So, does technology amplify harm for youth? Even though most reports based on this article conclude that the answer to this question is “no,” that clearly does not follow from the results. For just about every emotional outcome explored (upset, embarrassed, worried, angry, sad, unsafe, lack of trust), the percent of students who reported experiencing each outcome increased when technology was a factor in the bullying. For example, among the 136 incidents where students were only bullied in-person, 13% resulted in embarrassment. For the 117 incidents where students were bullied in-person and online, 30% were embarrassed. Similarly, 22% of the in-person incidents left students worried, while 34% of the mixed incidents left students worried. Also, 15% of students who experienced an in-person only incident felt like they couldn’t trust people, compared to 42% of the students who experienced bullying in-person and online. Finally, the average total “emotional impact score” was 19.1 for in-person only incidents, compared to 23.1 for mixed incidents. So it sure seems like technology amplifies some of the emotional harm.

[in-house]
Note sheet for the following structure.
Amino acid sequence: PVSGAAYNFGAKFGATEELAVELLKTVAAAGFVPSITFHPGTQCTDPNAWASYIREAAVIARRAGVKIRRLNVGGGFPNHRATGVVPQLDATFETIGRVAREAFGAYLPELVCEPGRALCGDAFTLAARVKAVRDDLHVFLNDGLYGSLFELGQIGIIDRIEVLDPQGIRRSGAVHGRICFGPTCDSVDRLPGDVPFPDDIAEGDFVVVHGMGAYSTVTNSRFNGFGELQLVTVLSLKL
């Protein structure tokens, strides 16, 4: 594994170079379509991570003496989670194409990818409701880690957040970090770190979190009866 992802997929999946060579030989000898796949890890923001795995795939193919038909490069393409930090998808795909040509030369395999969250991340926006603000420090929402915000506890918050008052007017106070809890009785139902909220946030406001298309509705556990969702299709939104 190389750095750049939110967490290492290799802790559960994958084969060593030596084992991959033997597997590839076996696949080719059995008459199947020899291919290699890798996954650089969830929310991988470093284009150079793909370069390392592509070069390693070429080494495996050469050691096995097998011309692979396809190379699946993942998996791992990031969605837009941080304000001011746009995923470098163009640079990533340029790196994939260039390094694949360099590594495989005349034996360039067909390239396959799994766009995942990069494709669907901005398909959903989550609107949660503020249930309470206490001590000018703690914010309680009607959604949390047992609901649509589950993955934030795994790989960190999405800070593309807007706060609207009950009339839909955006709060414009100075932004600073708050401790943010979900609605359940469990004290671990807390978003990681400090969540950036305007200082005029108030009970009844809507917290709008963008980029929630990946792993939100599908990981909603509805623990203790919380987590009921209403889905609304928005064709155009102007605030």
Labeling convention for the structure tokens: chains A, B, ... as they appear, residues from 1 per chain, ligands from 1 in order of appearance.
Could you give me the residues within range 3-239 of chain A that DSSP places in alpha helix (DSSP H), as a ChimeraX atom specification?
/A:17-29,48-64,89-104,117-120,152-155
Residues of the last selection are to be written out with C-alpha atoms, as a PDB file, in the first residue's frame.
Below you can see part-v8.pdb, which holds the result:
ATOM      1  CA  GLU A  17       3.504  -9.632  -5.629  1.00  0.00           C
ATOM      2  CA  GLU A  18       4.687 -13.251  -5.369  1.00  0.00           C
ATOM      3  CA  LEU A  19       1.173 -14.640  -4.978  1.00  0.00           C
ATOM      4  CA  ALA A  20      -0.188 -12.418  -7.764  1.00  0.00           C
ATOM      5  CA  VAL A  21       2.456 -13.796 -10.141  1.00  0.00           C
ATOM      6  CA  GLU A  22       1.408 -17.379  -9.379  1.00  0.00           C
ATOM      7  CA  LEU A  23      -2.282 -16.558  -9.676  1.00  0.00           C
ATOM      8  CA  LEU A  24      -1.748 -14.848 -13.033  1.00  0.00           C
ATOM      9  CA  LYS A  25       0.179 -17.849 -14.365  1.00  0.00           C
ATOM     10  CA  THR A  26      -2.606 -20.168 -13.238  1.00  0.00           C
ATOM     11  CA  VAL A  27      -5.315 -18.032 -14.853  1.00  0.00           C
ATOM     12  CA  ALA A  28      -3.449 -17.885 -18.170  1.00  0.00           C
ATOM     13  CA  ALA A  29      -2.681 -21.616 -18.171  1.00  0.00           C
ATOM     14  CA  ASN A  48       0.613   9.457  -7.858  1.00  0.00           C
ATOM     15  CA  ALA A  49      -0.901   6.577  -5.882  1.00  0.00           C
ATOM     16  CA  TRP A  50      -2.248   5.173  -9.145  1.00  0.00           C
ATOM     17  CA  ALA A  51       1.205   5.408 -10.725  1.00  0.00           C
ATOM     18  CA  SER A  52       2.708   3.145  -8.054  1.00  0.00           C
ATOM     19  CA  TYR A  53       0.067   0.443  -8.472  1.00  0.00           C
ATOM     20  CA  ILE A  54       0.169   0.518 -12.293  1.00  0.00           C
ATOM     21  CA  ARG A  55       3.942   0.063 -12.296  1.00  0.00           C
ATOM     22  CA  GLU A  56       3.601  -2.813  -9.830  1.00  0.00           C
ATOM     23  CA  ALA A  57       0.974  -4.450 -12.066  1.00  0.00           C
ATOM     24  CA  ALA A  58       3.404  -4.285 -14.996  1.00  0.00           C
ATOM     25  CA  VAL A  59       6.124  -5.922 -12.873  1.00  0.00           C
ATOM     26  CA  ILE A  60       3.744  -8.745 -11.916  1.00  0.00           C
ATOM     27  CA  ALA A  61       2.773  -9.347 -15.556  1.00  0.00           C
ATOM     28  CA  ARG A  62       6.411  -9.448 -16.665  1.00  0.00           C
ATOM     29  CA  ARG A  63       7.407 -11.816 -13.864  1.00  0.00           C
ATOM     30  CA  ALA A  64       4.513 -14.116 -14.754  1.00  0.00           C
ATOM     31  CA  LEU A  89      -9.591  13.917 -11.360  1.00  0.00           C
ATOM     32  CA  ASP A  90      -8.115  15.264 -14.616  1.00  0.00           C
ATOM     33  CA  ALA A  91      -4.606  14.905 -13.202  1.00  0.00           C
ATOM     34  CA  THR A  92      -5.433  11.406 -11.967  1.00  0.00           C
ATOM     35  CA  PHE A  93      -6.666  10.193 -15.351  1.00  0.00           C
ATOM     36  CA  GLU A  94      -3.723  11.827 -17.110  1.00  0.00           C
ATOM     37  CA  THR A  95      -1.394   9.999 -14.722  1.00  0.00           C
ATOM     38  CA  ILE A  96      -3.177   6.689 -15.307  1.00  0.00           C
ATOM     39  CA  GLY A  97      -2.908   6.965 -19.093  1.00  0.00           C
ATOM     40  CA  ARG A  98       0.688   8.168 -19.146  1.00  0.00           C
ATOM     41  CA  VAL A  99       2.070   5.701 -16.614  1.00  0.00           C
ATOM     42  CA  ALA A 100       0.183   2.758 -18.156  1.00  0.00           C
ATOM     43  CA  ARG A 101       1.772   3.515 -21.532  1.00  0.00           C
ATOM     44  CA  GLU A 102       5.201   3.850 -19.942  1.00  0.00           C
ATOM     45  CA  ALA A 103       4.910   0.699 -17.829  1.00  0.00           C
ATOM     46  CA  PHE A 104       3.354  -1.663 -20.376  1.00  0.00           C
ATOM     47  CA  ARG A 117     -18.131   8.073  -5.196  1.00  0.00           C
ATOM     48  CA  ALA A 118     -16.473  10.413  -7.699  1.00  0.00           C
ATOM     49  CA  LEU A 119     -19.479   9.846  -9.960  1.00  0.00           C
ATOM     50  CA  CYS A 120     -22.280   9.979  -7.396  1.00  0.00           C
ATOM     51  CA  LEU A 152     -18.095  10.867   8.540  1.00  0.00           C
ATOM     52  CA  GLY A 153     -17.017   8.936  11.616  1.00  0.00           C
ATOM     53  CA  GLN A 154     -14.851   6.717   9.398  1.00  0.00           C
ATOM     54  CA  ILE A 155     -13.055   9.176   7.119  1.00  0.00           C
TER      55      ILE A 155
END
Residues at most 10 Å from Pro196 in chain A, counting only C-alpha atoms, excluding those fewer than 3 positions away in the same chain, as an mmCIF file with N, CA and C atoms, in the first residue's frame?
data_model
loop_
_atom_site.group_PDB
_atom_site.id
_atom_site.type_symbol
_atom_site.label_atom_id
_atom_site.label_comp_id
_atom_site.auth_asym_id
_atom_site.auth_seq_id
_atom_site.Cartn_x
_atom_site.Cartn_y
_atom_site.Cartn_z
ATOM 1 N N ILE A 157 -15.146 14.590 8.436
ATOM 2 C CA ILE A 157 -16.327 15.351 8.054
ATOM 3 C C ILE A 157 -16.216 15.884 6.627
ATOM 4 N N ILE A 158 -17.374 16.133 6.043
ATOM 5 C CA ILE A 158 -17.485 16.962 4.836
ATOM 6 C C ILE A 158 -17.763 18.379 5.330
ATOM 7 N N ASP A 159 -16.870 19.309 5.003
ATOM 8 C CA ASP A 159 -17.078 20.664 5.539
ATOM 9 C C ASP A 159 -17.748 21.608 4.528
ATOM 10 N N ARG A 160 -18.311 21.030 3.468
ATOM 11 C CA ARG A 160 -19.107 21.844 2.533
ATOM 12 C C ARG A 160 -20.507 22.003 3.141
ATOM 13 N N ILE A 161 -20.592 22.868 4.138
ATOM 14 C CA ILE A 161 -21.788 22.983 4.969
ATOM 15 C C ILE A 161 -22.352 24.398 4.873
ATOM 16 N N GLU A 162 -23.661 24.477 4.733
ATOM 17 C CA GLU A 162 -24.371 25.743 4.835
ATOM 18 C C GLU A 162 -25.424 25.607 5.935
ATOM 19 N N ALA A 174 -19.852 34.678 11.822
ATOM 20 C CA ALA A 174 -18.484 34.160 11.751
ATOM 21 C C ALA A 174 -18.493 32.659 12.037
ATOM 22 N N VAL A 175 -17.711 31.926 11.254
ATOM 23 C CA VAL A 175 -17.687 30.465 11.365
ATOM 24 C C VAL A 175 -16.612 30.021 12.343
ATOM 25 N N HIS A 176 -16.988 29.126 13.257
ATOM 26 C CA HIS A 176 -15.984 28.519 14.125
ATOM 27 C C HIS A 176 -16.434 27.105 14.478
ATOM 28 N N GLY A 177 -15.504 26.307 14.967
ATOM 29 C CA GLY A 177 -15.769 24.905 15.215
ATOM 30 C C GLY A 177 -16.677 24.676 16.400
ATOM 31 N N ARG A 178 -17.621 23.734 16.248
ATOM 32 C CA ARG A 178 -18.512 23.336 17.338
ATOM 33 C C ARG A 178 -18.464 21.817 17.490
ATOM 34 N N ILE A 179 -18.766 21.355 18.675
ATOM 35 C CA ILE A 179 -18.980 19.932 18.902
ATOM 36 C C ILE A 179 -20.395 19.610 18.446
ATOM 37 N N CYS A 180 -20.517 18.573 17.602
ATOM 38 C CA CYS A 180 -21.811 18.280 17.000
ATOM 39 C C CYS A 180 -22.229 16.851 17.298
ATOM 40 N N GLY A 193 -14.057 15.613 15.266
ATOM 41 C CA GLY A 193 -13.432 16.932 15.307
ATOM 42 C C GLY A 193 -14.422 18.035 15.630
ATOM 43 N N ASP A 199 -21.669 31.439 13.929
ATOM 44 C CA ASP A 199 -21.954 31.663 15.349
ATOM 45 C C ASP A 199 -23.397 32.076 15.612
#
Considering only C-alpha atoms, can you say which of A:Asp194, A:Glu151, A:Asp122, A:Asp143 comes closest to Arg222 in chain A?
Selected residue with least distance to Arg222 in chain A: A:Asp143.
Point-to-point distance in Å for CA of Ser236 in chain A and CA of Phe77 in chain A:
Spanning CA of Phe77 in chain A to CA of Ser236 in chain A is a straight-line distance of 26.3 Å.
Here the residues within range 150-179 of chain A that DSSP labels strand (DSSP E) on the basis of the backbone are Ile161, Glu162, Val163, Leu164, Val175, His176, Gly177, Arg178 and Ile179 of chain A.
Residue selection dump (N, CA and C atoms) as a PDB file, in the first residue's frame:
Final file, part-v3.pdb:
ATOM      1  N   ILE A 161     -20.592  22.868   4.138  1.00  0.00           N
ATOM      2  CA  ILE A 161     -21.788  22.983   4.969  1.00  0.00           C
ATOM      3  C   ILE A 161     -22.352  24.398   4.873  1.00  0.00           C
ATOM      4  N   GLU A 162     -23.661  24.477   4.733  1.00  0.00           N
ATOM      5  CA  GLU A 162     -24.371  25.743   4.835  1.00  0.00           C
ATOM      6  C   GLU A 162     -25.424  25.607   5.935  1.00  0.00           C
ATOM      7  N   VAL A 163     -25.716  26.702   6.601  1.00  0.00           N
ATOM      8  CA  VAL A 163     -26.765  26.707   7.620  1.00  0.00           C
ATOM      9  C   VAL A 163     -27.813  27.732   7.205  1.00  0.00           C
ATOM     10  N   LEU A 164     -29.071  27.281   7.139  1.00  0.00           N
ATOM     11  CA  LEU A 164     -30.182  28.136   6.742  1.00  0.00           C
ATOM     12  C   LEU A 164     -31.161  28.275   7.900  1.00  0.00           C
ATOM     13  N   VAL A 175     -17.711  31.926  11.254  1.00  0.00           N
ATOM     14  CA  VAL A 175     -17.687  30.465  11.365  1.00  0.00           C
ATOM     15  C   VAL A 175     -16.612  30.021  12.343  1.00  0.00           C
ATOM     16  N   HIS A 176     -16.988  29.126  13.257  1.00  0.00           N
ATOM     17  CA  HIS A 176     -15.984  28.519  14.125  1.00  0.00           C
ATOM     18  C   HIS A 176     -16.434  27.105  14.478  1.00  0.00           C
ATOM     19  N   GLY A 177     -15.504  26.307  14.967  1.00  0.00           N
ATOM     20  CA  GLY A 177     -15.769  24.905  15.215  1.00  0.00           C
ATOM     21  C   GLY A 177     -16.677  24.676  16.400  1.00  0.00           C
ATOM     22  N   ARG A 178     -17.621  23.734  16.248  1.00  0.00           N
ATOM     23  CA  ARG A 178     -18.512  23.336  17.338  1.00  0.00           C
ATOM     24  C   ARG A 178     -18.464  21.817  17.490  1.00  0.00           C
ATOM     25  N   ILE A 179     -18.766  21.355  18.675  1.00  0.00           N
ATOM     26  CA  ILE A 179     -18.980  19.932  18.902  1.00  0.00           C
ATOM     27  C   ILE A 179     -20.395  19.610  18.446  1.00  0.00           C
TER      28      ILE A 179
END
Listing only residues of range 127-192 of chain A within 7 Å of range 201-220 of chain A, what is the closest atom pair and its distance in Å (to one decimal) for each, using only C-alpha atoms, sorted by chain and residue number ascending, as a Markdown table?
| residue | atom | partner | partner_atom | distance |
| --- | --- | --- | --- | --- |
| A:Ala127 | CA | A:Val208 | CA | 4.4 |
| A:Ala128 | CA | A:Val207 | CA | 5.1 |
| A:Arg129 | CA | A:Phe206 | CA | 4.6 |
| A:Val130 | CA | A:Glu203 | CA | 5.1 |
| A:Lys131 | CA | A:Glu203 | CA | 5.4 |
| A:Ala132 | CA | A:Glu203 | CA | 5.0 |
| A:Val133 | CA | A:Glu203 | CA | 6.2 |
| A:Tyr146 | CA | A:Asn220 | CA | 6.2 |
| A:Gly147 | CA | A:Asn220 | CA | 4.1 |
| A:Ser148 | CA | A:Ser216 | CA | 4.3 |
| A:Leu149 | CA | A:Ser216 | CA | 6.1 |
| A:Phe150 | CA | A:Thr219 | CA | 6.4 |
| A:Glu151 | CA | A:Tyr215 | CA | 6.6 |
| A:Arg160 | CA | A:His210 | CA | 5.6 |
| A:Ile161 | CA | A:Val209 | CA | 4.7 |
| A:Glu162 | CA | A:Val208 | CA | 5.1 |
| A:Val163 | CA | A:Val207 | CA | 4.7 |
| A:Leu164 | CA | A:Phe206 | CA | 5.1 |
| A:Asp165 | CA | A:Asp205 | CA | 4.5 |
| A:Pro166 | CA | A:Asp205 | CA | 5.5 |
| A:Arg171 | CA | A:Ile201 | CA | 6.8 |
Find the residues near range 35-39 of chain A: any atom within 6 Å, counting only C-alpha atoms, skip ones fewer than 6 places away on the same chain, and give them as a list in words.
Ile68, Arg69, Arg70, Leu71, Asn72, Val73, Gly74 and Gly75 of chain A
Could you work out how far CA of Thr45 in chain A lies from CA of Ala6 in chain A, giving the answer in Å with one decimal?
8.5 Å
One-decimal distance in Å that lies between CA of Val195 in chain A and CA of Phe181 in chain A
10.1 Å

Focusing only on the singular finding that those who were “just” cyberbullied felt less harmed than those bullied only in-person misses a lot of important insights we can learn from this study. I don’t believe that the take-away message is that cyberbullying is not as bad as in-person bullying (even though that seems to be the focus in the media). It is just as accurate to conclude that “Technology Increases the Emotional Harms Associated with Bullying.” But I haven’t yet seen that headline.

As always, more research is necessary.


  1. I agree. My research is based on the assumption that cyber aggression is worse than other forms of social aggression. one of the main reasons in my opinion is that cyber victims may feel psychologically restrained to an endless space that exists in cyber world with no means of escape